Skip to main content

Take This Job and Shove It


As a survivor of abuse, I've always known I have an over developed sense of responsibility. My narcissistic parents made sure they were never at fault for their actions, and that I was somehow required to carry that burden for them. A sense of responsibility and independence carried me through adolescence, and ended up being a positive characteristic that allowed me to accomplish quite a bit. However, this over-developed sense of responsibility also eats at me. I become anxious and hypervigilant because it's hard to shake the feeling, even being aware of where it comes from. I continue to struggle with internalizing things that aren't my fault. I am realizing just how much effort I've exerted over the years to make sure I could not be blamed for something going wrong. It stems from an experience of being blamed for everything anyway. Even if it's not my job, I will make sure it gets done. If someone is unhappy, I will make sure I do everything in my power to please them.

It's this tendency that makes me so at-risk for narcissists and other cluster b people to take advantage of me. I mean, who wouldn't want a friend or co-worker take on all the responsibility and do all the work? The same reason that made me excel at my job also made me bait for abusers. It's a tendency that's difficult to change. Once people are used to someone doing all the work, taking all the responsibility, and usually none of the credit, they will do just about anything to keep that arrangement going. That's where the shame comes in. If I don't hold up my unrealistic end of the bargain, I am bad and wrong. I am the lazy, selfish one. Shame on me for not being a better doormat.

My entire life I have been on a quest to free myself from these undue burdens. Sometimes it sneaks up on me. I will do everything in my power to be conscientious, honest, fair, and reasonable, and yet sometimes it still isn't enough. I am learning how to find peace in my own sense of integrity, even when I can't rely on anyone else's. I am learning that I no longer need to be afraid of angry, irrational people. When someone tries to shift undue blame on to me, I don't need to take it. When someone tries to put me down or talk behind my back because they don't like my boundaries, so be it. I no longer need to feel ashamed of someone else's false perception of me. Some days, I feel like I am making progress. Other days, I am barely managing the all-too-familiar symptoms. Overall, I see progress, and I hope this will soon be another aspect of abuse that I can put behind me.

Comments

Popular posts from this blog

No, There Are Not Two Sides

I was in a meeting where a mediator was trying her best to stay impartial to a situation where a large volume of well-documented verbal and emotional abuse had occurred. She was a trained professional, but professionally speaking, she didn't want to be in a position to take sides on the issue. She offered the worn-out platitude, "Well, there are two sides to every story..." I let it slide the first time she said it, but when she said it again, I stopped her.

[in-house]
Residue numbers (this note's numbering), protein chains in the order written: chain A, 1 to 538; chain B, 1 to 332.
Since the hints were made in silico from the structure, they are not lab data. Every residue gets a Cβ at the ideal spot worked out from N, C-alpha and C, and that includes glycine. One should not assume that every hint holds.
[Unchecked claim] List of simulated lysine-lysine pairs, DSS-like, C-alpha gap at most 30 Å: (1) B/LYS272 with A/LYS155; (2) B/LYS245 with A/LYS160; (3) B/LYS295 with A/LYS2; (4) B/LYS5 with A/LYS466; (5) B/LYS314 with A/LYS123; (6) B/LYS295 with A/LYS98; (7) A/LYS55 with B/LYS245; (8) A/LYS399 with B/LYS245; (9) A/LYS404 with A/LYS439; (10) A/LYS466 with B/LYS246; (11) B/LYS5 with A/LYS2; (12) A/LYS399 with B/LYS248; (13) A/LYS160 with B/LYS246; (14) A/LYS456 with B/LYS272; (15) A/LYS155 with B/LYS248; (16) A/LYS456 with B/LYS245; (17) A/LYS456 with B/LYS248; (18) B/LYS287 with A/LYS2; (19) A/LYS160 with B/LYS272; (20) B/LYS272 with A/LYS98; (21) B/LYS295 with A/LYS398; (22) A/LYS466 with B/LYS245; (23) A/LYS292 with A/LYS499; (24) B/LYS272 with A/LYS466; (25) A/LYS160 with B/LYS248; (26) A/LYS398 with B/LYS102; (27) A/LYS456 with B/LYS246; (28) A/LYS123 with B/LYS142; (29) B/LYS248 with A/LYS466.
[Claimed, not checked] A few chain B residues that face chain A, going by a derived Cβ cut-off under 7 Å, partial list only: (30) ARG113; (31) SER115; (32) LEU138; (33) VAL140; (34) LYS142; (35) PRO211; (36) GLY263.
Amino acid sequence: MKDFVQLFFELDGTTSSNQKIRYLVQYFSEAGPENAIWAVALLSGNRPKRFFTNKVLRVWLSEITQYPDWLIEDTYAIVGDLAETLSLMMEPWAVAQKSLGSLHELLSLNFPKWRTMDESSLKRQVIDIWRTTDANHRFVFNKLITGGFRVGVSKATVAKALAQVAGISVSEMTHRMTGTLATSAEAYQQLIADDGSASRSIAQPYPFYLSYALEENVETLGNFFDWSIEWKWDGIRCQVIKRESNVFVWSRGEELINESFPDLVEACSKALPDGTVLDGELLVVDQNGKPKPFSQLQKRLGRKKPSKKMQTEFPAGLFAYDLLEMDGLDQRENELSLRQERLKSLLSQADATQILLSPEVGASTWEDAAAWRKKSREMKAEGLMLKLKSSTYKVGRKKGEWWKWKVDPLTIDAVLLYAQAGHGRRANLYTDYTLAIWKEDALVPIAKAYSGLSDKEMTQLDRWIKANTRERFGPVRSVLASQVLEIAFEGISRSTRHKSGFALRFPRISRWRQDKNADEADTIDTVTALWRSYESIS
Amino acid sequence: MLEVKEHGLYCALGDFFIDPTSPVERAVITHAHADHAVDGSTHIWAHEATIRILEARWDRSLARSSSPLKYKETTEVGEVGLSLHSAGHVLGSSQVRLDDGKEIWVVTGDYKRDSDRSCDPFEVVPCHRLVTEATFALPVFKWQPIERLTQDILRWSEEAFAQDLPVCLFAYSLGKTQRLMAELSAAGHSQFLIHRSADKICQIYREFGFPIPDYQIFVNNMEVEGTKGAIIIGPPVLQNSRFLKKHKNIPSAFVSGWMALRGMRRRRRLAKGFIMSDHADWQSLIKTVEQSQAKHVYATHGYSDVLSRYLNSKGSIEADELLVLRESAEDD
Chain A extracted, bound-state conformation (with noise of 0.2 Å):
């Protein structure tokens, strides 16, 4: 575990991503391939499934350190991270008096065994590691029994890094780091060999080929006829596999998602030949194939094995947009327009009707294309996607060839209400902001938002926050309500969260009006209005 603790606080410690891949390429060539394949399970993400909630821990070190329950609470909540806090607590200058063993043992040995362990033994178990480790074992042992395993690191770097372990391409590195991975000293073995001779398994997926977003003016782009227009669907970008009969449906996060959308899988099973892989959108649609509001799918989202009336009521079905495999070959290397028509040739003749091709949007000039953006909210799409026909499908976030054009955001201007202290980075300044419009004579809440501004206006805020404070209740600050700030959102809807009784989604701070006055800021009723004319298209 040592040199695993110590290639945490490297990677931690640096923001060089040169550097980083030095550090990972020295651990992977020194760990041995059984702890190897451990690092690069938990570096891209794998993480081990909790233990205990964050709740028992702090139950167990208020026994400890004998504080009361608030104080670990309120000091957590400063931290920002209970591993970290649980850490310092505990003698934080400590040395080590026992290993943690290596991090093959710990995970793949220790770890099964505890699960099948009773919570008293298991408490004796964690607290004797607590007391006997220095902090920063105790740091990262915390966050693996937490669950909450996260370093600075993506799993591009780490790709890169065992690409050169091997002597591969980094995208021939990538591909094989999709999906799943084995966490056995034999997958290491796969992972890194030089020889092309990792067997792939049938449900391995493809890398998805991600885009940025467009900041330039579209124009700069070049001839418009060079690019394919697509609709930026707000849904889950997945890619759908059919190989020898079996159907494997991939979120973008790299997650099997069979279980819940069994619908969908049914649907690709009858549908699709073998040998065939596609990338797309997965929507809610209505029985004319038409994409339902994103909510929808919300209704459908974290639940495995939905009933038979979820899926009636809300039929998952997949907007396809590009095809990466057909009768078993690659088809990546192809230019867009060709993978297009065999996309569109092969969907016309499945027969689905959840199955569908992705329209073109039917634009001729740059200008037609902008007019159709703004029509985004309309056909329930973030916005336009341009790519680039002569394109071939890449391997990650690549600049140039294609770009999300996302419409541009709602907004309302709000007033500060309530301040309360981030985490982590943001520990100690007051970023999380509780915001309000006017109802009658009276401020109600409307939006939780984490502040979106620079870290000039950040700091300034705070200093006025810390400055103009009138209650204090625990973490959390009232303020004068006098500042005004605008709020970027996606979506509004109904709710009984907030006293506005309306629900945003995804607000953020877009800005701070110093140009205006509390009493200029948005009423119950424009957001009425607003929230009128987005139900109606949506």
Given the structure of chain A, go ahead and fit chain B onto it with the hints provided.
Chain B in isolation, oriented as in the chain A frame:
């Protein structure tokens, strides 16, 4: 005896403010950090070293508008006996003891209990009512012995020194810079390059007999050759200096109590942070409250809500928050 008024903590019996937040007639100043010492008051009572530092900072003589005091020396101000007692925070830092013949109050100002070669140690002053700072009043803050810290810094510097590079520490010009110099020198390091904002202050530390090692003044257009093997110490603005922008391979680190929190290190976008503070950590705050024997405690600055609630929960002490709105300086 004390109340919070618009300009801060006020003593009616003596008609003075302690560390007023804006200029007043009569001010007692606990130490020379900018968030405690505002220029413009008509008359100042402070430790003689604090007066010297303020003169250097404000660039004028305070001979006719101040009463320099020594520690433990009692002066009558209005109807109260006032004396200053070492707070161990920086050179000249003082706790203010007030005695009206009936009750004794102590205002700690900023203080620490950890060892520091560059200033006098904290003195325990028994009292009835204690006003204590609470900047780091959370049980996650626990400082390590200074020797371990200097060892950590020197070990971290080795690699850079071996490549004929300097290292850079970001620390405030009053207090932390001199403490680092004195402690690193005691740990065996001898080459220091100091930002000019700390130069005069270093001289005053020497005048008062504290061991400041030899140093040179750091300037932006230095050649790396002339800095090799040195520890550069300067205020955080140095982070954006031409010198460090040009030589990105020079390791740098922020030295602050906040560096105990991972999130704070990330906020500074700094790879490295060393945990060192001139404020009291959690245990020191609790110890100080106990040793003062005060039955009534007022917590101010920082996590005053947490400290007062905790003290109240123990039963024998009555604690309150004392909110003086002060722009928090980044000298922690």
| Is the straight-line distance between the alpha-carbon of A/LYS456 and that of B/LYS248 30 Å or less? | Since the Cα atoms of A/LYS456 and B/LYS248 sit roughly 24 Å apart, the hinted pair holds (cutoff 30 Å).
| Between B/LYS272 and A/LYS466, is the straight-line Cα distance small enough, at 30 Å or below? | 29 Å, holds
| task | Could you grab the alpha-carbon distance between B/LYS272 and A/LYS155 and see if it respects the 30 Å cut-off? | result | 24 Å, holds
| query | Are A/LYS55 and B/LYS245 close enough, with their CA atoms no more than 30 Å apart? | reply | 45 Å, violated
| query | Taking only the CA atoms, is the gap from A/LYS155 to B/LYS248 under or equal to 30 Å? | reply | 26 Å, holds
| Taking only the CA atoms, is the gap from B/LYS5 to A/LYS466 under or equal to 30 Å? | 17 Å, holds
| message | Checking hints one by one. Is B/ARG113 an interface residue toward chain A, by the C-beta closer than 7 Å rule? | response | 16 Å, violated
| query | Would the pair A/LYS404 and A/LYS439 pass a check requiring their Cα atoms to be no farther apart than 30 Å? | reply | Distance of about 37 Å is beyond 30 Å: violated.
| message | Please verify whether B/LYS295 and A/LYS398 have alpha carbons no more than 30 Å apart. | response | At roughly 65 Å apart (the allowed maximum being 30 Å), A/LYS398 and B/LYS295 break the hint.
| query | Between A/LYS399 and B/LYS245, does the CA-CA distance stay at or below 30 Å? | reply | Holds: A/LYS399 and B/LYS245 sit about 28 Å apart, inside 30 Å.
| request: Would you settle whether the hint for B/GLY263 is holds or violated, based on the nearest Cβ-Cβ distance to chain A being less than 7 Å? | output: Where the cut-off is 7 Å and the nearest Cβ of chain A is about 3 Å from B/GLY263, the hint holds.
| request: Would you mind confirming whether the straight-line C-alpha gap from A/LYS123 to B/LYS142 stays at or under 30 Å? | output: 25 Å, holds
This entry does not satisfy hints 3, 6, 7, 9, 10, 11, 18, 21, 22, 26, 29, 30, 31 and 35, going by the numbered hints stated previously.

"Actually, when it comes to abuse, there are not two sides. There is abuse, and there is the recipient of abuse. The recipient of abuse is not at fault for the actions of the abuser."

Her jaw dropped a moment, then she nodded slowly. She knew I was right, and in this moment, a light went on. The situation she was mediating was not about two people having a disagreement. It was about a serial abuser attacking someone else who had done nothing to provoke the attack. She couldn't stay impartial. It was h…

Trauma Isn't Lazy

Trauma survivors seem to worry more than most that they are being 'lazy' when they aren't 100% productive. Let's expose that lie, shall we?

The traumatized brain is anything but lazy. In fact, it is over-worked, over-stimulated, over-active, and over-stressed. Trauma survivors have an enlarged amygdala, which triggers the fight-or-flight response. In a survivor, this response goes haywire. It cannot perceive between something that happened in the past with what's in the present. The brain remembers trauma in the form of flashbacks that constantly re-create the experience.

A traumatized brain is always on alert. Hypervigilance is constantly running in the background, assessing the situation and trying to report back to the rational brain what it finds. In order to keep up with everyday situations, it often must work hotter and harder than a brain without trauma.

Say a non-traumatized person wants to make a peanut butter and jelly sandwich. No sweat, right? It requi…

The Difference Between a 'Normal' Parent and a Narcissistic Parent

Those who have survived abusive childhoods at some time or another have run into someone (or many people) making banal excuses to explain away their experience. "Parents aren't perfect." "They were doing their best." "Just wait until you're a mom or dad." While it's true that no one is perfect and most people don't intend to hurt their children, these excuses wound children of narcissistic parents at their core. These sorts of trite phrases are often used by narcissistic parents to manipulate and dupe others into believing their child is the unreasonable one. It is not possible to ever reason or win an argument with a narcissist. In order for the child of narcissistic parents to have any identity at all, they must get far away.  While it is considered "normal" for most families have some form of dysfunction, narcissistic homes are especially toxic. The following are some common differences between "normal" parents and …